- Ukraine's president, Volodymyr Zelenskyy, has said he believes the next 24 hours will be a "crucial period" for his country.
- Ukrainian troops, and citizens who have taken up arms, continue to fight invading Russian forces.
- Russia has been hit with a massive round of sanctions isolating its economy and financial system.
Ukraine's president, Volodymyr Zelenskyy, has said he believes the next 24 hours will be a "crucial period" for his country as Ukrainian troops — and citizens who have taken up arms — continue to fight invading Russian forces.
Zelenskyy made the comment when speaking to his British counterpart, Boris Johnson, on Sunday evening, after Johnson praised the bravery of the Ukrainian people. He also commended Zelenskyy's leadership "in the face of such adversity," the British government said in a statement.
Ukraine's major cities remain under attack from Russian forces invading from the north, east and south. Assaults are taking place both on the ground — with street fighting reported in a number of cities — and from the air, with major shelling attacks damaging buildings and causing injuries and loss of life in some cases.
Overnight, blasts were heard in the Ukrainian city of Kharkiv and the capital Kyiv, ahead of the city lifting a two-day curfew on Monday morning allowing anyone remaining in the city to venture outside.
Ukraine's armed forces and volunteer fighters have mounted a strong defense against the invasion, with multiple reports saying that Russia's forces have not made the advances they expected since the attack began early last Thursday.
Nonetheless, Ukraine's resistance may soon come under increased pressure, given fears that Belarus could deploy its own troops to support Russia. CNBC has contacted the Belarusian Defense Ministry for comment.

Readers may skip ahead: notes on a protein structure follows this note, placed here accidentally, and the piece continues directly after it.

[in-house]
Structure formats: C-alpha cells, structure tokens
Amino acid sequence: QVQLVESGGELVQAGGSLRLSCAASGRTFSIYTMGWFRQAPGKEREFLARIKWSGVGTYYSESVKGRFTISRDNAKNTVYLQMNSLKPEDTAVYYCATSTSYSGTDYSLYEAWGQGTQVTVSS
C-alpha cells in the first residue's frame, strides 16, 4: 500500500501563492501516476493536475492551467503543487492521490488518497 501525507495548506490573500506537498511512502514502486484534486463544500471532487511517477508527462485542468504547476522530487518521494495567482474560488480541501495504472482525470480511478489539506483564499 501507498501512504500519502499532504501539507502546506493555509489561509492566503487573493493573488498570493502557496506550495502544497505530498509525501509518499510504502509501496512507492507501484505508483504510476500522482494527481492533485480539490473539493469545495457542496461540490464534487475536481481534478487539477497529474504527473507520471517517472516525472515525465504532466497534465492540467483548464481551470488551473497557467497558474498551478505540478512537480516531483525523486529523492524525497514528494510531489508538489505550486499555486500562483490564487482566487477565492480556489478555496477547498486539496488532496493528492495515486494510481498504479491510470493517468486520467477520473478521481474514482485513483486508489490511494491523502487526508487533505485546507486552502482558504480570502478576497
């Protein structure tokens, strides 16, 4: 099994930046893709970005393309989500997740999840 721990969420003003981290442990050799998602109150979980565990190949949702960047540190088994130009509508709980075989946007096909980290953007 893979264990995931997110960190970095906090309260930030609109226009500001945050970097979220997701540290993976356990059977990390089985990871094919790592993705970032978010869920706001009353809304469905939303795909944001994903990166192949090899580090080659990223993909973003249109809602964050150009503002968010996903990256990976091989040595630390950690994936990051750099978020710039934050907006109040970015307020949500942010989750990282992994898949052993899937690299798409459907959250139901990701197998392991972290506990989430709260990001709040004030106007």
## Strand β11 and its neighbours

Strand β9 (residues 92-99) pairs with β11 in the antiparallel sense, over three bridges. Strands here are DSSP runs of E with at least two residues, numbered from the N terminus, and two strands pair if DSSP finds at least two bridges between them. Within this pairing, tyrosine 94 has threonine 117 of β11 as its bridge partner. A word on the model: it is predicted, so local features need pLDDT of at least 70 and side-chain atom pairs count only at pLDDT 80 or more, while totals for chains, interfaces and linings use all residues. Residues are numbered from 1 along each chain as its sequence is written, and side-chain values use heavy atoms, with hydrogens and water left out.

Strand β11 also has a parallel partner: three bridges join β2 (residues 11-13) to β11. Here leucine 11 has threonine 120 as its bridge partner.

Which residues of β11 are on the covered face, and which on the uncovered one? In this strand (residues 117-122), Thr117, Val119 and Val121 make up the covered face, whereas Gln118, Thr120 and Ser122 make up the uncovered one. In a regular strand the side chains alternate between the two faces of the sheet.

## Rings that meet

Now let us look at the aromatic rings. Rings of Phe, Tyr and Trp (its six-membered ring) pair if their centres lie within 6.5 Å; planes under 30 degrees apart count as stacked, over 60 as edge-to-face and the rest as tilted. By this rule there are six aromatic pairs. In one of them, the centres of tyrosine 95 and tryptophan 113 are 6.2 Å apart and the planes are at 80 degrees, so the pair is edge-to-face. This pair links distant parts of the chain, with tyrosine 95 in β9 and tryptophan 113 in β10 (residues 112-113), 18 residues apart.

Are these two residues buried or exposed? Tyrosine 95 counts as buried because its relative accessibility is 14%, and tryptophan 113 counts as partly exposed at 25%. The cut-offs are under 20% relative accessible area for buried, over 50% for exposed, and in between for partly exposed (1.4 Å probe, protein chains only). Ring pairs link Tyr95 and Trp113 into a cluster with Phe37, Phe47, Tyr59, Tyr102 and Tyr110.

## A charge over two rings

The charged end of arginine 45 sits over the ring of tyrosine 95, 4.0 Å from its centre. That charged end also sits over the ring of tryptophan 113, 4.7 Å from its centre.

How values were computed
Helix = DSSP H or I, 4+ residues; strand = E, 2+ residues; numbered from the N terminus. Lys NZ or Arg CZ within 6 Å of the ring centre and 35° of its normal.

Belarus has also signaled that it could host Russian nuclear weapons after a referendum in the country approved constitutional reforms that will see the country renounce its non-nuclear status.
The move is widely seen as another step in Belarus' backing of its ally Russia and comes after Russian President Vladimir Putin put his country's nuclear deterrence forces on high alert Sunday amid a growing global backlash against the invasion.
Belarus' president, Alexander Lukashenko, warned on Sunday: "If you [the West] transfer nuclear weapons to Poland or Lithuania, to our borders, then I will turn to Putin to return the nuclear weapons that I gave away without any conditions," Lukashenko said.
Despite Lukashenko's saber-rattling, the country has offered to host peace talks between Ukrainian and Russian officials. Although the exact timing of discussions remains unclear, the Ukrainian president's office announced Monday that a delegation has arrived at Ukraine's border with Belarus to hold talks with Russian officials.
Zelenskyy said in a video Sunday that he had little hope of a breakthrough in discussions, but was willing to try, "I will say frankly, as always I do not really believe in the result of this meeting, but let them try."
It's difficult to gauge the number of Ukrainian and Russian casualties in the conflict so far, given the chaotic and unpredictable nature of the fighting and emergency responses. Various reports from Ukraine have suggested that several hundred civilians have been killed, including a number of children. Ukraine has also claimed that several thousand Russian troops have been killed.
Russia has not revealed its number of casualties, but its Defense Ministry said on Sunday that "there have been killed and wounded among the Russian military," the BBC reported; Russia claimed its losses were "several times less" than the number of "exterminated" Ukrainians.
The U.K.'s Ministry of Defense issued an update on Monday which said "the bulk of Putin's ground forces remain more than 30km to the north of Kyiv their advance having been slowed by Ukrainian forces defending Hostomel airfield, a key Russian objective for day one of the conflict."
It also noted that "heavy fighting continues around Chernihiv and Kharkiv however both cities remain under Ukrainian control," and that, on a wider level, "logistical failures and staunch Ukrainian resistance continue to frustrate the Russian advance."
The West is ramping up the pressure on Russia in a bid to stop its invasion by imposing a raft of sanctions on Russia. The U.S., Europe and Canada agreeing Saturday to remove key Russian banks from the interbank messaging system, SWIFT, and sanctioned its central bank. The U.K. and EU have also closed their airspace to Russian aircraft, seeking to isolate Russia further.